Conor McKenna believes adapting to life in Australia is a bigger challenge to Ireland's AFL exports than getting to grips with the oval-shaped Sherrin ball.

The 21-year-old former Tyrone minor, who is set to be part of Joe Kernan's International Rules squad, has been a high-profile success in a sport where even stellar Gaelic football talents can struggle to establish themselves.

The likes of Ciaran Kilkenny and Marty Clarke both quit Oz citing a greater desire to play for their county and McKenna identifies with that feeling.

"It's not really the game that's the problem, it's the homesickness. You adjust to the game pretty quick," the Essendon half-back, who this month signed a new four-year contract after scoring five goals in 19 appearances, told RTÉ Sport.

"My first year (2015), when Tyrone won the under 21 final it really hit home and you start questioning whether it was worth it or not.

"But then this year, to get a few games in a row gives you more belief in yourself.

"Your third year is a big year for most boys. That’s when you can sort of tell how you’re going to go. It’s just to get a consistent game and belief in yourself. To know that you’re there for a reason."

Fortunately for McKenna, he also has a ready-made support network - a number of other Irish youngsters are plying their trade in Victoria, home to 10 of the AFL's 18 clubs.

"There's me, Ciaran Byrne (Carlton), Ray Connellan (St Kilda), Darragh Joyce (St Kilda), Conor Nash and Conor Glass (both Hawthorn) all in Melbourne.

"Then Mark O'Connor, he's just outside with Zach Tuohy in Geelong. All us young lads hang about in Gussy Sheehan's (Ciaran Sheehan, Carlton), hang about every couple of weeks and just meet up for a few pints and a bit of feeding - so it's good.

"My first year it was only Ciaran Byrne really and I met up with him every couple of weeks. When there's five or six of you, you'll always meet up. I'd probably meet up at least once a week with one of them. It's good to just meet up and talk Gaelic and watch Gaelic."

Even before scoring 4-4 in an All-Ireland minor final masterclass, Kerry's David Clifford had garnered some attention Down Under.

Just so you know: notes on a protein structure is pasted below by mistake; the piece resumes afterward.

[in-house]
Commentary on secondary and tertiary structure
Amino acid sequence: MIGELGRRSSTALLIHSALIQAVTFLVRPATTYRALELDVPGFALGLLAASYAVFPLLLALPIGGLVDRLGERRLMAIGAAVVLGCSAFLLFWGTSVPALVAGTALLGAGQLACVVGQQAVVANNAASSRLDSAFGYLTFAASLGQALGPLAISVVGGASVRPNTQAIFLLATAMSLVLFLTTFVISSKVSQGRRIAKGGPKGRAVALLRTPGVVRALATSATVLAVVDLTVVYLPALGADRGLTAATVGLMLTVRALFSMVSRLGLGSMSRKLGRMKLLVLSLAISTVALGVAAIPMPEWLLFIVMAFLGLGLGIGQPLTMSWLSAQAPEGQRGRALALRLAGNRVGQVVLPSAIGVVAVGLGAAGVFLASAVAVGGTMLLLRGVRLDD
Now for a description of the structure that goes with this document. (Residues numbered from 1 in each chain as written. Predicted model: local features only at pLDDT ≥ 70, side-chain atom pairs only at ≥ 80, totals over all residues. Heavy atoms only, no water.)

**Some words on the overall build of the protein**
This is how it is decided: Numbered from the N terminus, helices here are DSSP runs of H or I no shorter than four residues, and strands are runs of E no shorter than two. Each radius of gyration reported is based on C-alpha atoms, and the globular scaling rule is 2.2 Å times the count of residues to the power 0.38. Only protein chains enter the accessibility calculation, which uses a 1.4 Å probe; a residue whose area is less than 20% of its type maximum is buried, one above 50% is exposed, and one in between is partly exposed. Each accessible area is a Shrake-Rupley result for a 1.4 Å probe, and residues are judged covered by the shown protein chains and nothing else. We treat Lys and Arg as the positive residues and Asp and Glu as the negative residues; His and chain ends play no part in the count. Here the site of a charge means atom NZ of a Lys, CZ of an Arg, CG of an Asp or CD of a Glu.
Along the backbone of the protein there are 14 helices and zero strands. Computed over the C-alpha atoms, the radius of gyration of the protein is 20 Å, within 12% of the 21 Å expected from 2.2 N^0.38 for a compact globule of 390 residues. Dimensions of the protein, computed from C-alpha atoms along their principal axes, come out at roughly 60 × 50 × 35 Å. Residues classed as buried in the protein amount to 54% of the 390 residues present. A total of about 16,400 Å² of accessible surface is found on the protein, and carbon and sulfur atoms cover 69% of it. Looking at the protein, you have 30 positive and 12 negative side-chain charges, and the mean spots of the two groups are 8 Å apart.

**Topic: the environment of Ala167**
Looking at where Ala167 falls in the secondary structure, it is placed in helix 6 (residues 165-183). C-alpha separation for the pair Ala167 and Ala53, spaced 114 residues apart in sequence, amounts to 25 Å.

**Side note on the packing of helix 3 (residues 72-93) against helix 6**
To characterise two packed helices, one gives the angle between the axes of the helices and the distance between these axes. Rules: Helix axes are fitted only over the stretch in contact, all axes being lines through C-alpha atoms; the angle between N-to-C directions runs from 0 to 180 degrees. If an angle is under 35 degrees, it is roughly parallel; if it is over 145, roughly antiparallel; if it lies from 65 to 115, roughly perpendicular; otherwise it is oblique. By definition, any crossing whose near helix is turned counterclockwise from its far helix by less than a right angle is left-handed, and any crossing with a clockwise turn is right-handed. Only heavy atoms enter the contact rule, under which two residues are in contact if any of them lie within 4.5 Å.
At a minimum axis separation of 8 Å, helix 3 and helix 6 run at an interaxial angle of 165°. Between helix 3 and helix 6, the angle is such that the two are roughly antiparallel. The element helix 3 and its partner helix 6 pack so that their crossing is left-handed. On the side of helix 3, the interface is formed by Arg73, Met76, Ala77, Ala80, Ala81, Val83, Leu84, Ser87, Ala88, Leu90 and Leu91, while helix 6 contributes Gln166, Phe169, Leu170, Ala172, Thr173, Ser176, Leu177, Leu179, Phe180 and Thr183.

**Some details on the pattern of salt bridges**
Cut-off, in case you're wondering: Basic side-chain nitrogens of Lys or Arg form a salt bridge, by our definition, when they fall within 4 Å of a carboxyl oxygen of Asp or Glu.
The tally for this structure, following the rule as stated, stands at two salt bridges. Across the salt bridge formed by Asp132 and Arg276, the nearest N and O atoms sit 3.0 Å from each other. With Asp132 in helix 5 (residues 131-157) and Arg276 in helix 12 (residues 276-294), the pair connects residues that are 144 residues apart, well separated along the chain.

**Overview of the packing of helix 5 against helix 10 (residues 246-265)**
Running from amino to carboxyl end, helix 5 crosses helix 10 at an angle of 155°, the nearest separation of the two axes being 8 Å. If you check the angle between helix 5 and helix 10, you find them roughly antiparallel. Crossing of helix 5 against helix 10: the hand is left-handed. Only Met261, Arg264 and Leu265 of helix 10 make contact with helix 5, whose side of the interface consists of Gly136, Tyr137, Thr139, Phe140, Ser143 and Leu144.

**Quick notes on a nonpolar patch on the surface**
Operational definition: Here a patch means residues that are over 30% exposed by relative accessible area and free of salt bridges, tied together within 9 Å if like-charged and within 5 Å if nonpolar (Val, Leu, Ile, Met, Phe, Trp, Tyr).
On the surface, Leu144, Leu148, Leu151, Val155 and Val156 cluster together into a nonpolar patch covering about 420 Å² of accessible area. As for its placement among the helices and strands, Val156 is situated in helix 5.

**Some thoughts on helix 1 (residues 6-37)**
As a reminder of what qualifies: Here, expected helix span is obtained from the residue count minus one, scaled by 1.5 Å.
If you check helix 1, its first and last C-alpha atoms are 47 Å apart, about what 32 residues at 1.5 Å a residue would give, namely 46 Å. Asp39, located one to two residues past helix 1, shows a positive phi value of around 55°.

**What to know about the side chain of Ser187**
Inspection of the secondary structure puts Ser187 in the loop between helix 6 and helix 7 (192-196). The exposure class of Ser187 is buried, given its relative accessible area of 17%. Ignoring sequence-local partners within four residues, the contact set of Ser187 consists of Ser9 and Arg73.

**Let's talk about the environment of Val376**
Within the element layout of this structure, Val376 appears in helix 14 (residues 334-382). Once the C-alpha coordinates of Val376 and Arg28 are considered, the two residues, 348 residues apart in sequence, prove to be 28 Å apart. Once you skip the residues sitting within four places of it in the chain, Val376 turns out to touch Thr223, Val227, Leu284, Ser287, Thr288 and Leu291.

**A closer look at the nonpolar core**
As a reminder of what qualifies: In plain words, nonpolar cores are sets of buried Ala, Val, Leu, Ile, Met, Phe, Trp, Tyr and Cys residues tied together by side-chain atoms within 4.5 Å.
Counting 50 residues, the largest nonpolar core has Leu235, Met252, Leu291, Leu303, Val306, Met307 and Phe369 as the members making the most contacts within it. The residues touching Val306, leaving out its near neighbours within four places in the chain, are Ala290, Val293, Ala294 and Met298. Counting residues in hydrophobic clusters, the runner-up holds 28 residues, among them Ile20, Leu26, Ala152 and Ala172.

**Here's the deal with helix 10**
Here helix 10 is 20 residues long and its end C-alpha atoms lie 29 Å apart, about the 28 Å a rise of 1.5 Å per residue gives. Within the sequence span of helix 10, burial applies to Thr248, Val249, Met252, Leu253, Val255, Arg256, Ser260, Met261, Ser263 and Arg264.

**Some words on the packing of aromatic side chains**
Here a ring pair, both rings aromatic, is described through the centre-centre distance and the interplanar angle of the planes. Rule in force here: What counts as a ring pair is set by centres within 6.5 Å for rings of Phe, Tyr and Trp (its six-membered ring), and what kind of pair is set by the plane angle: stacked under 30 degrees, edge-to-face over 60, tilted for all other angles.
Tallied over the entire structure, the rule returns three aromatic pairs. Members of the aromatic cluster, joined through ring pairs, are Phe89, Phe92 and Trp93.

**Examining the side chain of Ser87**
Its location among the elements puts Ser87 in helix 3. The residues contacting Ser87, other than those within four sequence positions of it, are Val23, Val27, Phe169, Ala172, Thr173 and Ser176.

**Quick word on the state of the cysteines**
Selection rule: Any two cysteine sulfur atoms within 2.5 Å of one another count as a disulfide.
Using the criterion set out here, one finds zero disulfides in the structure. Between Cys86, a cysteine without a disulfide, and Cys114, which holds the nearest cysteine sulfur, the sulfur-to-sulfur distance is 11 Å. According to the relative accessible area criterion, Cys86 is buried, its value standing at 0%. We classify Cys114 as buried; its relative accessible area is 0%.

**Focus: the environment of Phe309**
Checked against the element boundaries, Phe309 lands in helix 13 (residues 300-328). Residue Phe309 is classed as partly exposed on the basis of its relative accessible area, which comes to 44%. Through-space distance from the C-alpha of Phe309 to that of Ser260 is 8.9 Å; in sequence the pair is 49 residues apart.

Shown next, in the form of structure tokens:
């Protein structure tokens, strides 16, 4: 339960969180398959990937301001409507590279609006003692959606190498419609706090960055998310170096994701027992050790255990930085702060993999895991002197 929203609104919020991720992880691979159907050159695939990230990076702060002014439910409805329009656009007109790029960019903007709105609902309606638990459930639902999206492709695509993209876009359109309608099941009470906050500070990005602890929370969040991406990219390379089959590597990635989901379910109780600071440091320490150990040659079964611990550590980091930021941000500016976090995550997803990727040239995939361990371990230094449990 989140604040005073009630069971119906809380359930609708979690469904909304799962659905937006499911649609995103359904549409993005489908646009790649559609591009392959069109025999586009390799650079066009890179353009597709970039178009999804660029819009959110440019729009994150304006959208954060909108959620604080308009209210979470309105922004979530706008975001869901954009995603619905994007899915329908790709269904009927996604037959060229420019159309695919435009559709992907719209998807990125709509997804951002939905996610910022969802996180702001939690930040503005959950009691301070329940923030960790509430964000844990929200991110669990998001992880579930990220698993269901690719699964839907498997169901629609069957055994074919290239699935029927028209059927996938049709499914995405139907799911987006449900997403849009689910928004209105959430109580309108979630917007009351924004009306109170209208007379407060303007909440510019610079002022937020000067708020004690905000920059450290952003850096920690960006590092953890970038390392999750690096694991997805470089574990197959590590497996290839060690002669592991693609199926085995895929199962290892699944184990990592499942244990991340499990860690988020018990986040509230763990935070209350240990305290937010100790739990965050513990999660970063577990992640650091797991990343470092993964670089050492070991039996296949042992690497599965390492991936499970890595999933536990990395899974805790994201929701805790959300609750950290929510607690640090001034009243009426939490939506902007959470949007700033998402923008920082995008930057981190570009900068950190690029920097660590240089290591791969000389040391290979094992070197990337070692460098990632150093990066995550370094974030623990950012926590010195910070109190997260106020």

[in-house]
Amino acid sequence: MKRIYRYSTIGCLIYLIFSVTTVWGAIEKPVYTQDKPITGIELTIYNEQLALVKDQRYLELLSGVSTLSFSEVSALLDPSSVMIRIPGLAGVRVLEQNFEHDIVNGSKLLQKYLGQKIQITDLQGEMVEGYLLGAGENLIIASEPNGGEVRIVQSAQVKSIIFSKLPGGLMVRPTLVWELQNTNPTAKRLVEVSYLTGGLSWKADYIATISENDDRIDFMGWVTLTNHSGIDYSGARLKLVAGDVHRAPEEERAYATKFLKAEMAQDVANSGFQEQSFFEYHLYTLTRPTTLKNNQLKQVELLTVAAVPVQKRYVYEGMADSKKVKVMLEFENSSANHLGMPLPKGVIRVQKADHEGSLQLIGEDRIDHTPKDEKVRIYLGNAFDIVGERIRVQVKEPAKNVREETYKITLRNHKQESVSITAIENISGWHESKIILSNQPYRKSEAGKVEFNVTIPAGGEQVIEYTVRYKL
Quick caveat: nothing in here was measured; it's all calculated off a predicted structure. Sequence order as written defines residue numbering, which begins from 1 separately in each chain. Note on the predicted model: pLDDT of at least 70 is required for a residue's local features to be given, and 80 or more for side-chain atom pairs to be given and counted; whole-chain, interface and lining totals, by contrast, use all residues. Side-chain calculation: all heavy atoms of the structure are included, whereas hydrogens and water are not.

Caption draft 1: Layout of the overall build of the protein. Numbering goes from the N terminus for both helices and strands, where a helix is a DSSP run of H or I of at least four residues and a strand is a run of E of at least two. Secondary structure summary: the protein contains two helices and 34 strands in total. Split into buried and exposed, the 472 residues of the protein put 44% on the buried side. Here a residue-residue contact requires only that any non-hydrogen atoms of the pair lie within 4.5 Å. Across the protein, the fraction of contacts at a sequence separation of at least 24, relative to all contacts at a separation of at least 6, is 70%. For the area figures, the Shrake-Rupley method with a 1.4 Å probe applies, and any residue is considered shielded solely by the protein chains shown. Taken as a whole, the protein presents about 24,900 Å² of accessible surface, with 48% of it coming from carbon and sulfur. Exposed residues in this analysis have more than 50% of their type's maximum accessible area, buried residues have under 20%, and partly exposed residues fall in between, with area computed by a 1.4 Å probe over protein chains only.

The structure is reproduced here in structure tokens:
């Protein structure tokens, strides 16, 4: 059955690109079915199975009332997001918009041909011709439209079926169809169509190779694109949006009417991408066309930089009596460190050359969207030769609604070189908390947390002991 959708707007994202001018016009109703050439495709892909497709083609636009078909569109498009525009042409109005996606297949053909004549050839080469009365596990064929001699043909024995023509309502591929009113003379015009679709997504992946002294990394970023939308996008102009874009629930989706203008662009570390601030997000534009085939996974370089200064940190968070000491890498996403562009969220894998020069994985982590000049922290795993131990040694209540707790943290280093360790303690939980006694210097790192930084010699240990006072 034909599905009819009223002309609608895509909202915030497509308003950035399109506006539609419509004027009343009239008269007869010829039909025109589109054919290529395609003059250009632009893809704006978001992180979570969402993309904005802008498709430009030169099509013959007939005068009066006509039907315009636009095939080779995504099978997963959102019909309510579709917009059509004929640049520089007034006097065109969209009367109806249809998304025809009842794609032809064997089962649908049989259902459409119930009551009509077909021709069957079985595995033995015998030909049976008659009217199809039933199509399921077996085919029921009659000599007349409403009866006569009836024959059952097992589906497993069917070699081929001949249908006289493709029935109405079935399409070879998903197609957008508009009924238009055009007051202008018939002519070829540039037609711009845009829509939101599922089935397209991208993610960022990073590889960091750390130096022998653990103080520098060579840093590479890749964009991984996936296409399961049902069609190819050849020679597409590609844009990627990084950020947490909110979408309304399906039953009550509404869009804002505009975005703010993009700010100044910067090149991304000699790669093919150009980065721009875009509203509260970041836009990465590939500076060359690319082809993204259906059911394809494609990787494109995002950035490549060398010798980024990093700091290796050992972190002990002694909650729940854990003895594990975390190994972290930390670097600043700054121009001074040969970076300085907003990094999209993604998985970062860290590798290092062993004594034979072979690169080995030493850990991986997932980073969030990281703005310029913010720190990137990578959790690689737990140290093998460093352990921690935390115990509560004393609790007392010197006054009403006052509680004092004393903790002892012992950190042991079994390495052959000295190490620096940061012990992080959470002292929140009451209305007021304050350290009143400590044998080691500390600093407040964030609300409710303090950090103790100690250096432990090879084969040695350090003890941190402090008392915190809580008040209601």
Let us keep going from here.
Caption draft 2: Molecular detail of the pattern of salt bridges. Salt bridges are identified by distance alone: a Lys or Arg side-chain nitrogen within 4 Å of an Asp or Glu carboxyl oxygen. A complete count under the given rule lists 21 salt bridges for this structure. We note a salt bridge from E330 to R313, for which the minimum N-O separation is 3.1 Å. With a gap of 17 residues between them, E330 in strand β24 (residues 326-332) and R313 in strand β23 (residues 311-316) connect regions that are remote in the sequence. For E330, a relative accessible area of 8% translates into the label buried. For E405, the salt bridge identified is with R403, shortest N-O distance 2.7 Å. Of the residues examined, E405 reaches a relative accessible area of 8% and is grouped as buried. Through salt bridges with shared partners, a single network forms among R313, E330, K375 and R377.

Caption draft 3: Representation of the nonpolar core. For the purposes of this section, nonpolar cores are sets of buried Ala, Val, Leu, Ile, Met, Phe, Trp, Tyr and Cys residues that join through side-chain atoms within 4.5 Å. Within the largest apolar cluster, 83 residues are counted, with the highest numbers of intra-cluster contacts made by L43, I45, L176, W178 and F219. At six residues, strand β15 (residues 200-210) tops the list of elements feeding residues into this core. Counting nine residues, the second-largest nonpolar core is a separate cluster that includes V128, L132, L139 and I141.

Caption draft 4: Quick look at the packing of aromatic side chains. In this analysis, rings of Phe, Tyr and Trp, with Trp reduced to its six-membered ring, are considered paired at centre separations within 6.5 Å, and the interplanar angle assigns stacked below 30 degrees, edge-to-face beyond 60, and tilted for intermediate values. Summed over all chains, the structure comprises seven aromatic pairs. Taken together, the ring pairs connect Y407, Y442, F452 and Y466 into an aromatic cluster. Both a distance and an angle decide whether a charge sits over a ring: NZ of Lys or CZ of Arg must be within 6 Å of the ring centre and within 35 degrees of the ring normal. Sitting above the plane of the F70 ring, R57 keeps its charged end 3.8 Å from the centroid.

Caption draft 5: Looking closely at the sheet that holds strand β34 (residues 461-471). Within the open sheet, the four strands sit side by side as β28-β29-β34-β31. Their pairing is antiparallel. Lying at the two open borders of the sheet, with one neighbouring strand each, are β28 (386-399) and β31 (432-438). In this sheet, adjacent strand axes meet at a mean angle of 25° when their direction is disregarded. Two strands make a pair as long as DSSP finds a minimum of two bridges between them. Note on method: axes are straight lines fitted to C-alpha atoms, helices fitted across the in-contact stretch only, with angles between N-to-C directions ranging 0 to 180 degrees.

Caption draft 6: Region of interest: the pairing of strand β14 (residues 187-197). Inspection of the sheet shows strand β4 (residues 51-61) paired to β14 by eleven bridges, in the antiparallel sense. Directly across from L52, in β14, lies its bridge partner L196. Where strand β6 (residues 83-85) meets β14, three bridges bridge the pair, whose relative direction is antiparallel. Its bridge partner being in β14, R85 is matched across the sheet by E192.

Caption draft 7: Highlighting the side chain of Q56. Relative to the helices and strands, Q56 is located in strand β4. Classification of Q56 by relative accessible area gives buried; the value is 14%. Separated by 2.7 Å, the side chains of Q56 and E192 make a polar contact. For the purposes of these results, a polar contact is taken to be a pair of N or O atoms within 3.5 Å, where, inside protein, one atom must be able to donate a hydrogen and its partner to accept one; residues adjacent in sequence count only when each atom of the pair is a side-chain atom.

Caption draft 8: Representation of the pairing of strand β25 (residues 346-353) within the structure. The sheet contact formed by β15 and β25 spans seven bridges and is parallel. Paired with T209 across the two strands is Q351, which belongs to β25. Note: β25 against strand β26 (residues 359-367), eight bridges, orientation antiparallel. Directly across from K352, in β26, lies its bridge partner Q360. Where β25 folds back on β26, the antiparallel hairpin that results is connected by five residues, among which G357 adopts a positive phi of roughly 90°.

Despite much anguish in the Kingdom at the prospect McKenna reckons their young prince should try his hand at Aussie Rules if he gets the chance.

"I haven't heard much about him (going to AFL) but he's unbelievable. I watched him there last week, he's not a bad player. I'm sure if he went, he wouldn't be too bad. 

"I'd say to any young fella, if you got the opportunity, go, and if you didn't like it, come home after a year.

"It was an opportunity that if I didn't take it, I'd regret it for the rest of my life. It's been good so far."

"Hopefully I come home at some stage and represent my club, my county"

McKenna, who made a brief substitute appearance for home club Eglish last weekend, likes the idea of emulating Sydney and Kerry star Tadhg Kennelly and eventually returning home for a crack at Sam Maguire.

"It’s always in the back of my head," he said. "I follow Tyrone. I watch all the games on GAAGO. 

"Hopefully I come home at some stage and represent my club, my county. At the minute, I'm signed for those four years so I'm there for four years anyway. 

"In four years I'm going to be 25, I'm a young fella. He (Kennelly) came home when he was 27 or 28; so there's plenty of time and if it's an option, I'll take it."

Dyson Heppell in action against Ireland in 2015

McKenna's Essendon clubmates Brendon Goddard and Dyson Heppell both featured in the 2015 International Rules Series and he has no doubt that the hosts will be raring to go come November.

"I talked to them a bit about it. They all loved it," said McKenna.

"They do it take seriously. It doesn’t matter what sport it is, if you’re  playing professional sport, you’re just competitive. If you throw 15 boys on the pitch they’re going to go at it.

"I’d love the opportunity (to represent Ireland) and to get a phone call as I was coming home was good.

"I’ll go into the trials over the next few weeks and hopefully get a call-up."